The Guardian yesterday (14 May) quoted from the Daily Torygraph an internal report by HM Treasury officials leaked to that paper outlining the options for re-starting the economy after Covid-19. As readers will appreciate, it would be asking too much of me to read the odious Torygraph – reading the Guardian is bad enough – but here is the gist of the summary of the leaked document as the Guardian reported it.

• A forecast budget deficit for 2020-21 of £337 billion, up from pre-Covid forecast of £55 billion

• A possible intensification of the austerity programme, including an inevitable extension of the public sector pay freeze. As public sector pay is already depressed by years of pay
freeze, this would, however only save a paltry £6.5 billion over two years.

• “Broad based” tax rises, which is Treasury-speak for increasing VAT and National Insurance.

• Borrowing – but here the report is said to have warned of a “sovereign debt crisis”. Thus, despite record low interest rates and, thankfully, still with our own currency, borrowing is dismissed as a longer-term strategy.

• Cutting the state pension – but abandoning the triple lock would only generate modest savings. Not mentioned by the Guardian is the obvious strategy of ensuring that no state pensions need be paid. Encouraging an early return to work and opening schools before the Summer Break may well suffice to kill everyone currently receiving the state pension, but, if not, increasing the state pension retirement age to 75 should complete the job.

• Cutting welfare spending. Again, no mentioned was made of the obvious strategy of ensuring that poor people die in large numbers, thus saving most of the £130 billion previously spent on welfare.

Government strategy could be seen as already starting down the roads suggested by the last two strategies. Schools are to re-open in the teeth of opposition from NEU and other teaching unions while the mass media and, most shamefully of all, the BBC , seek to assure us all that this will be quite safe. In the private sector that may well be true, but not in most of the state sector. Funding that keeps the homeless off the streets is to be cut which will ensure that they will die within weeks. Return to work by low paid workers, i.e. those who cannot work at home using a PC, is being encouraged and, in effect, enforced. Many of these workers have no trade union to speak up for them, the result of policy by a succession of Tory and Labour governments.

Capitalism is threatened and these are desperate measures intended to shore it up. It can only survive if the current social relations on which it depends are maintained. Banks must be allowed to enforce their security. Landlords must be allowed to evict and sue their tenants. Creditors must be paid. Employees must work and obey their employer. The message from the government will be that, if these social relations are not maintained, there will be anarchy.

Not necessarily! There is an alternative: working class power and socialism.

Doing capitalism differently?

Professor Mariana Mazzucato is a heterodox economist at the UCL some way from Marxism but she shares with Marxists recognition of the importance of “value” in economic analysis. In neoclassical economics, the kind they currently teach in universities, a marginalist approach is adopted and value is synonymous with markets and market prices. For Marxists, value is the labour time consumed in producing a commodity, whether directly or through the consumption of other commodities in its manufacture.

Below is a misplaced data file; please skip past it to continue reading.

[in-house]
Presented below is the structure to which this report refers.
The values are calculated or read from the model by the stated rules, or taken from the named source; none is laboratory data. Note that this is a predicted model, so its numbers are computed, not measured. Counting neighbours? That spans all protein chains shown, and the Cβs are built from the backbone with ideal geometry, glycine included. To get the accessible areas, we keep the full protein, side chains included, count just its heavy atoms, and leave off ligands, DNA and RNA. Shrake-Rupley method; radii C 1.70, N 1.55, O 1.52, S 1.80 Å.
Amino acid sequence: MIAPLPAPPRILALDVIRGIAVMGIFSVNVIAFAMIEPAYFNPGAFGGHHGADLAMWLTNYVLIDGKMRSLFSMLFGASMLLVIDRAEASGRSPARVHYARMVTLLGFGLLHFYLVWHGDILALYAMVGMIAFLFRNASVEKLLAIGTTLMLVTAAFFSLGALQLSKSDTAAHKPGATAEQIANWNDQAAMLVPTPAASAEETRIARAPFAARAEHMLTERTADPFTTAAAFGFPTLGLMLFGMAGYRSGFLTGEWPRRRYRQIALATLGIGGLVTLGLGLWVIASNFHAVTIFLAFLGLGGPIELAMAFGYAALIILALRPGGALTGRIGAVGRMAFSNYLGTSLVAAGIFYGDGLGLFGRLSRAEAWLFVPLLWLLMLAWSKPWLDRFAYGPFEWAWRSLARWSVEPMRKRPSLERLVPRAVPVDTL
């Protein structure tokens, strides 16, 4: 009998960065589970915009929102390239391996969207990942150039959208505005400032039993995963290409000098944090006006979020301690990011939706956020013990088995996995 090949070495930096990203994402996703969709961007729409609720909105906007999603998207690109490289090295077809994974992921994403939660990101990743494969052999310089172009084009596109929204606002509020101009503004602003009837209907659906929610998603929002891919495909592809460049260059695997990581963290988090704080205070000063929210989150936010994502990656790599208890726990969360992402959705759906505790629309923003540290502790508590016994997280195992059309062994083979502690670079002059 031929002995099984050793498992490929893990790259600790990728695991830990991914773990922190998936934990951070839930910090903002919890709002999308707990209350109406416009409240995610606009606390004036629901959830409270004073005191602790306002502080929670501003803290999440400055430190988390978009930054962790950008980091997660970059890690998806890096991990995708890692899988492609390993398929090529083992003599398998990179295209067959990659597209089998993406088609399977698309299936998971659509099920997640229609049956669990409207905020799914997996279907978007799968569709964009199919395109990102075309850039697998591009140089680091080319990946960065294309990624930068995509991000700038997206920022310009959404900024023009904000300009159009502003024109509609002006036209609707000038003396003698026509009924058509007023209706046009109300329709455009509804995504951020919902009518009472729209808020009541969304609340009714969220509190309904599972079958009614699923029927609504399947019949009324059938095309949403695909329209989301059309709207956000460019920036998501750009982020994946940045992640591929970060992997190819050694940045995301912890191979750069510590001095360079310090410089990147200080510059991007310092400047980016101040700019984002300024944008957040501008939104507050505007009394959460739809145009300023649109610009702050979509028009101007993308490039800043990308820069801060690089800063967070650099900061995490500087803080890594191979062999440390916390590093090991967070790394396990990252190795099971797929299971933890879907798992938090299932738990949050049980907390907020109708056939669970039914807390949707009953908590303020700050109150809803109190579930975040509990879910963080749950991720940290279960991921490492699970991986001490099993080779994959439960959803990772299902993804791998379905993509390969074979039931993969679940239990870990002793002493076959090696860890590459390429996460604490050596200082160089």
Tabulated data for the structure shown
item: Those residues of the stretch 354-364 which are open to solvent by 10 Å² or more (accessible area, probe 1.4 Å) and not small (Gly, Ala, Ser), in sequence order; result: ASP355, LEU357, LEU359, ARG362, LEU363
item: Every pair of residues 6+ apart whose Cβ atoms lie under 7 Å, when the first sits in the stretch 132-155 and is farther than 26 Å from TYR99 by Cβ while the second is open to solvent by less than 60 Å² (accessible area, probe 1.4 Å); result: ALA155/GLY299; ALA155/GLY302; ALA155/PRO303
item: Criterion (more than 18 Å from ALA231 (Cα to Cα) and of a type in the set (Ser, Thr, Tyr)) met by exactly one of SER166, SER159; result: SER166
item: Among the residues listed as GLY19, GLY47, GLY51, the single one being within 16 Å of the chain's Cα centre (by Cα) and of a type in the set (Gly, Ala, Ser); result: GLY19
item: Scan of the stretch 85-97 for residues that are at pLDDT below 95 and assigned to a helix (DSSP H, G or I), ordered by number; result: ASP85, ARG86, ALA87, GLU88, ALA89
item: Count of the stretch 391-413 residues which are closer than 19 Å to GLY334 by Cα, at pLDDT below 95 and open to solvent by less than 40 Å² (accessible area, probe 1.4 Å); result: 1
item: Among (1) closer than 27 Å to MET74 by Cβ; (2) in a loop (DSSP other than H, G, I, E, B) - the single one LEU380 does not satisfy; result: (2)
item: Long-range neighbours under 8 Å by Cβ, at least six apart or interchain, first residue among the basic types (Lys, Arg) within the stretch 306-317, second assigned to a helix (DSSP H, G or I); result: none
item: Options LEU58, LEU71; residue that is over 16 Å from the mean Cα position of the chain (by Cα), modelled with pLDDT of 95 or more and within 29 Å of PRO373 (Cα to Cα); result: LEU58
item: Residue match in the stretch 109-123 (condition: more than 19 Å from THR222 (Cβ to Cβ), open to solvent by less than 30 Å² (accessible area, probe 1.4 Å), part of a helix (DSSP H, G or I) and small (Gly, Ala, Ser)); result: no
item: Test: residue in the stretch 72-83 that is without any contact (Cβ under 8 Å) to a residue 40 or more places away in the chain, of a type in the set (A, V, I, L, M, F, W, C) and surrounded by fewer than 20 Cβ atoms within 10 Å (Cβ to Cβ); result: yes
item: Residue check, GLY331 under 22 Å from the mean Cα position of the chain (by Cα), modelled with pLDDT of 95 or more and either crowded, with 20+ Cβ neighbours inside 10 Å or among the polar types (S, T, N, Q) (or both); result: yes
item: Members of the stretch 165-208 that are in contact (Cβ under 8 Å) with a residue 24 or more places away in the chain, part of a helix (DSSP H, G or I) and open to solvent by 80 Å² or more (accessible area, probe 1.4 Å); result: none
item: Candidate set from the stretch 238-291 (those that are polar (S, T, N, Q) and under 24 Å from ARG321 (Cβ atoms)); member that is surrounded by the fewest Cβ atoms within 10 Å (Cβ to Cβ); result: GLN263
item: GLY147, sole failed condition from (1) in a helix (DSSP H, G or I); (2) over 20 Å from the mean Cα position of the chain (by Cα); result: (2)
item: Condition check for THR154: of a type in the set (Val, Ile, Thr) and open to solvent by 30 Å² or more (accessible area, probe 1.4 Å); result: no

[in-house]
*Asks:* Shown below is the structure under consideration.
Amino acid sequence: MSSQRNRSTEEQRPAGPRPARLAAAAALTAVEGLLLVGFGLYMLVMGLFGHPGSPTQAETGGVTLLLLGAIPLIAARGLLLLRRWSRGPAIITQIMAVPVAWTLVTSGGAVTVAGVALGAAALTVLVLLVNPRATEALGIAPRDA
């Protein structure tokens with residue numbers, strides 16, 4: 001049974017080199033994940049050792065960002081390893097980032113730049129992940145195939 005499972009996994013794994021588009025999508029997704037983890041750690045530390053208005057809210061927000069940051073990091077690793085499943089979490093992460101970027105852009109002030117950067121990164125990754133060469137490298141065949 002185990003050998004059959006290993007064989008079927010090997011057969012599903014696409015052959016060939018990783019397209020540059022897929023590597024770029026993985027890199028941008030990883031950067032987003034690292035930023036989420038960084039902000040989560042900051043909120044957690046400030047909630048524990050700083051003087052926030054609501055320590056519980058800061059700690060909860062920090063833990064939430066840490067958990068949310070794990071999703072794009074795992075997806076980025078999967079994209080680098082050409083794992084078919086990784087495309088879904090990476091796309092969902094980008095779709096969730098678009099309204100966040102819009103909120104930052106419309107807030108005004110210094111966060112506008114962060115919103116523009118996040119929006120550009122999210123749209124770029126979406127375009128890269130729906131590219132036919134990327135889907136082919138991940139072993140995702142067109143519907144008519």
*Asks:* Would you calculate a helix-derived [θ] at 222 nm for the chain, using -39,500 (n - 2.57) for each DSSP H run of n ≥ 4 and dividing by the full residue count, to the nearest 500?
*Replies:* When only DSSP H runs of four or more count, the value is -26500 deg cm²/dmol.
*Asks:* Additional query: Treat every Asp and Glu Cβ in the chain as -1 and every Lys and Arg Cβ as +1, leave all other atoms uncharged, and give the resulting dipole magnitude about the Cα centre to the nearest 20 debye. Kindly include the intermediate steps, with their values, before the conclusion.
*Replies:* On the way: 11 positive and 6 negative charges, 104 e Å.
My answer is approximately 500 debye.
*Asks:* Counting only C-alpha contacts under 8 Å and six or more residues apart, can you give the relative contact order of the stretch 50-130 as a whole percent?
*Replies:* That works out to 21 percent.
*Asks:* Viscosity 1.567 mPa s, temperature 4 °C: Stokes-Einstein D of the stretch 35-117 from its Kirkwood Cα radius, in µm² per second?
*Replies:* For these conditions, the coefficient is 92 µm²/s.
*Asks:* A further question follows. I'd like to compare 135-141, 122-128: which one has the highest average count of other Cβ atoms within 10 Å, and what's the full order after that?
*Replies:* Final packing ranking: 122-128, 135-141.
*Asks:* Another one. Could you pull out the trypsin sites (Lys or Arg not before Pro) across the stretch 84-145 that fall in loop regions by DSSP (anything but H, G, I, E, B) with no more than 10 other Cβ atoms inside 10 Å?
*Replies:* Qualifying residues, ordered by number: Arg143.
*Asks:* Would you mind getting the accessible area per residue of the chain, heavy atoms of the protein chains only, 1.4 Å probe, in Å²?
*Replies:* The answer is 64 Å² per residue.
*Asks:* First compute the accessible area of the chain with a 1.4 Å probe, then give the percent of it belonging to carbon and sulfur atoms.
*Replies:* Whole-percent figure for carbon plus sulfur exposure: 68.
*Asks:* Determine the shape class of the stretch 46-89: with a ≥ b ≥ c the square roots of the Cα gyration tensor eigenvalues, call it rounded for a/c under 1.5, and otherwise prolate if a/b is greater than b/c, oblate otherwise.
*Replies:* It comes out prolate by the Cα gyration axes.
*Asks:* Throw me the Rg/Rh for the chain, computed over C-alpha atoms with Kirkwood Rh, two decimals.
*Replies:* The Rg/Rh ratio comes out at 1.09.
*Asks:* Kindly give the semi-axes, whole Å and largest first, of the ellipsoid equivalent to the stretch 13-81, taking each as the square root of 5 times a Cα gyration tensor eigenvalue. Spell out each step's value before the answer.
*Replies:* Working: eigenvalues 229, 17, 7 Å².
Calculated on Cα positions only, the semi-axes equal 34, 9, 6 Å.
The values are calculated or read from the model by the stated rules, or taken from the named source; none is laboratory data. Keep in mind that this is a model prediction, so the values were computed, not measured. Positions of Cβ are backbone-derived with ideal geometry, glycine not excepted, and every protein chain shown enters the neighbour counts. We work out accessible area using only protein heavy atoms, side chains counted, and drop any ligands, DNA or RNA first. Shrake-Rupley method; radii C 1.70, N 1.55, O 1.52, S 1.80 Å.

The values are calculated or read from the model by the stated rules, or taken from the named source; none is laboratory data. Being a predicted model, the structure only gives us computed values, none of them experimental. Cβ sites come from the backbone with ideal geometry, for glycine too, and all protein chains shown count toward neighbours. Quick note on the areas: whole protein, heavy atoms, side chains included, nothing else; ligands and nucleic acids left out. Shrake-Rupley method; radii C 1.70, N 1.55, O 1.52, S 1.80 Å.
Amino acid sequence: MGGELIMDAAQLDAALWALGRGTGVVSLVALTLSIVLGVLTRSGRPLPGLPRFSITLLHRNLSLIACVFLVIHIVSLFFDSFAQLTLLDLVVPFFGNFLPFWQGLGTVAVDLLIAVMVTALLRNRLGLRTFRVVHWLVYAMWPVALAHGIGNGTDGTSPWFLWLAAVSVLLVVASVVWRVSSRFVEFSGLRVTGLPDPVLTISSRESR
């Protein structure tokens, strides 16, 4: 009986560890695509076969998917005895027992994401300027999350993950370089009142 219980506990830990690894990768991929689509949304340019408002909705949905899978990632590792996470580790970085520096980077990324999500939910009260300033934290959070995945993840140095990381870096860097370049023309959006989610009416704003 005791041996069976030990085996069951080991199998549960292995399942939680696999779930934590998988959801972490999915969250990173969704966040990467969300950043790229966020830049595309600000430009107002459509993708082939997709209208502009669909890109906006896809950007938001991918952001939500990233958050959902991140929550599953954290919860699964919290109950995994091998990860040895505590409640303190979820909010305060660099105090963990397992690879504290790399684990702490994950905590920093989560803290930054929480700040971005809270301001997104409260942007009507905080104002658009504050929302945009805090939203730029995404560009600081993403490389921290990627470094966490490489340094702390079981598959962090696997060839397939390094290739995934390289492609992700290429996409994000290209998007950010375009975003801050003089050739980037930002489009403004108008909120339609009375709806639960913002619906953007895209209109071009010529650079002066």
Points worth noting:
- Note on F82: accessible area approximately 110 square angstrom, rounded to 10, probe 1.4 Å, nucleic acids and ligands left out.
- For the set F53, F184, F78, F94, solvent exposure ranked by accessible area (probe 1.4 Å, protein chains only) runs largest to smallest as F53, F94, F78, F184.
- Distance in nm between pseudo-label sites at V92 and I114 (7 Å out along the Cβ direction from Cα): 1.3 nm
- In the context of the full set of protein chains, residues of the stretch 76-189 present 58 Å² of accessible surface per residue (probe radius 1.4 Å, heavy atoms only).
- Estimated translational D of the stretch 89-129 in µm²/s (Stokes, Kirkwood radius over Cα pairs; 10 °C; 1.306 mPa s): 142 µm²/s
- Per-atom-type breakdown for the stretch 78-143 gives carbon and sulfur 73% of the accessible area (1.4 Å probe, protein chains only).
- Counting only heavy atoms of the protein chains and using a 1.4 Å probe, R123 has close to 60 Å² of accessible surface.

Professor Mazzucato argues in an article in the Guardian today that neoclassical economics goes a long way to explaining the mess the world finds itself in today and the Covid-19 pandemic will provide an opportunity to abandon it and do capitalism differently . Since the 1980’s, she argues, it has resulted in: weakened institutions like the NHS that are needed to respond to crises; a loss of confidence in what governments can achieve; the destruction of the social safety net; and growing inequality.

There was, however, no golden age prior to the 1980s, just a brief period after the War when the mere existence of the USSR required western capitalists to treat their workers a little better.

Professor Mazzucato believes capitalism can be reformed provided governments

• invest in and, if necessary, create institutions to prevent and manage future crises.
• co-ordinate research and development, steering them to “public health goals”.
• structure public-private partnerships to ensure “both citizens and the economy benefit”.
• attach conditions to bail outs of private business to ensure that the firms we save with public money become part of a new economy delivering lower carbon emissions and “investing in workers”.

A version of “soft capitalism” that incorporated these features would certainly be a great improvement on the current version, but it ain’t gonna happen. Capitalism is a system whose sole purpose is the accumulation of capital. Until it is itself overturned, all obstacles that impede this accumulation will be swept away. When the current crisis is over, public institutions like the NHS that restrict capital accumulation will continue to be under-funded and undermined; private sector R&D will continue to be driven by profit, not social need; public-private partnerships will continue to rip off workers; and, while there are still hydrocarbons left in the ground that can be extracted and burnt at a profit, CO2 levels will continue to rise. This is how capitalism works. The only solution is a social revolution that ends it.

Is the Paris Agreement credible?

In the blog last week I suggested that the credibility of the agreement reached in Paris last weekend on climate change should be judged by what happened to the share prices of oil and gas producers following the announcement of the agreement – or at least following the first indication that such an agreement would be reached. If the agreement really signalled a switch away from oil and gas based economy, we could expect to see a significant fall in these share prices. What we actually saw was a fall of only some 3.6%. See the chart below:

oil and gas index

Oil and Gas Producer’s index (NMX0530)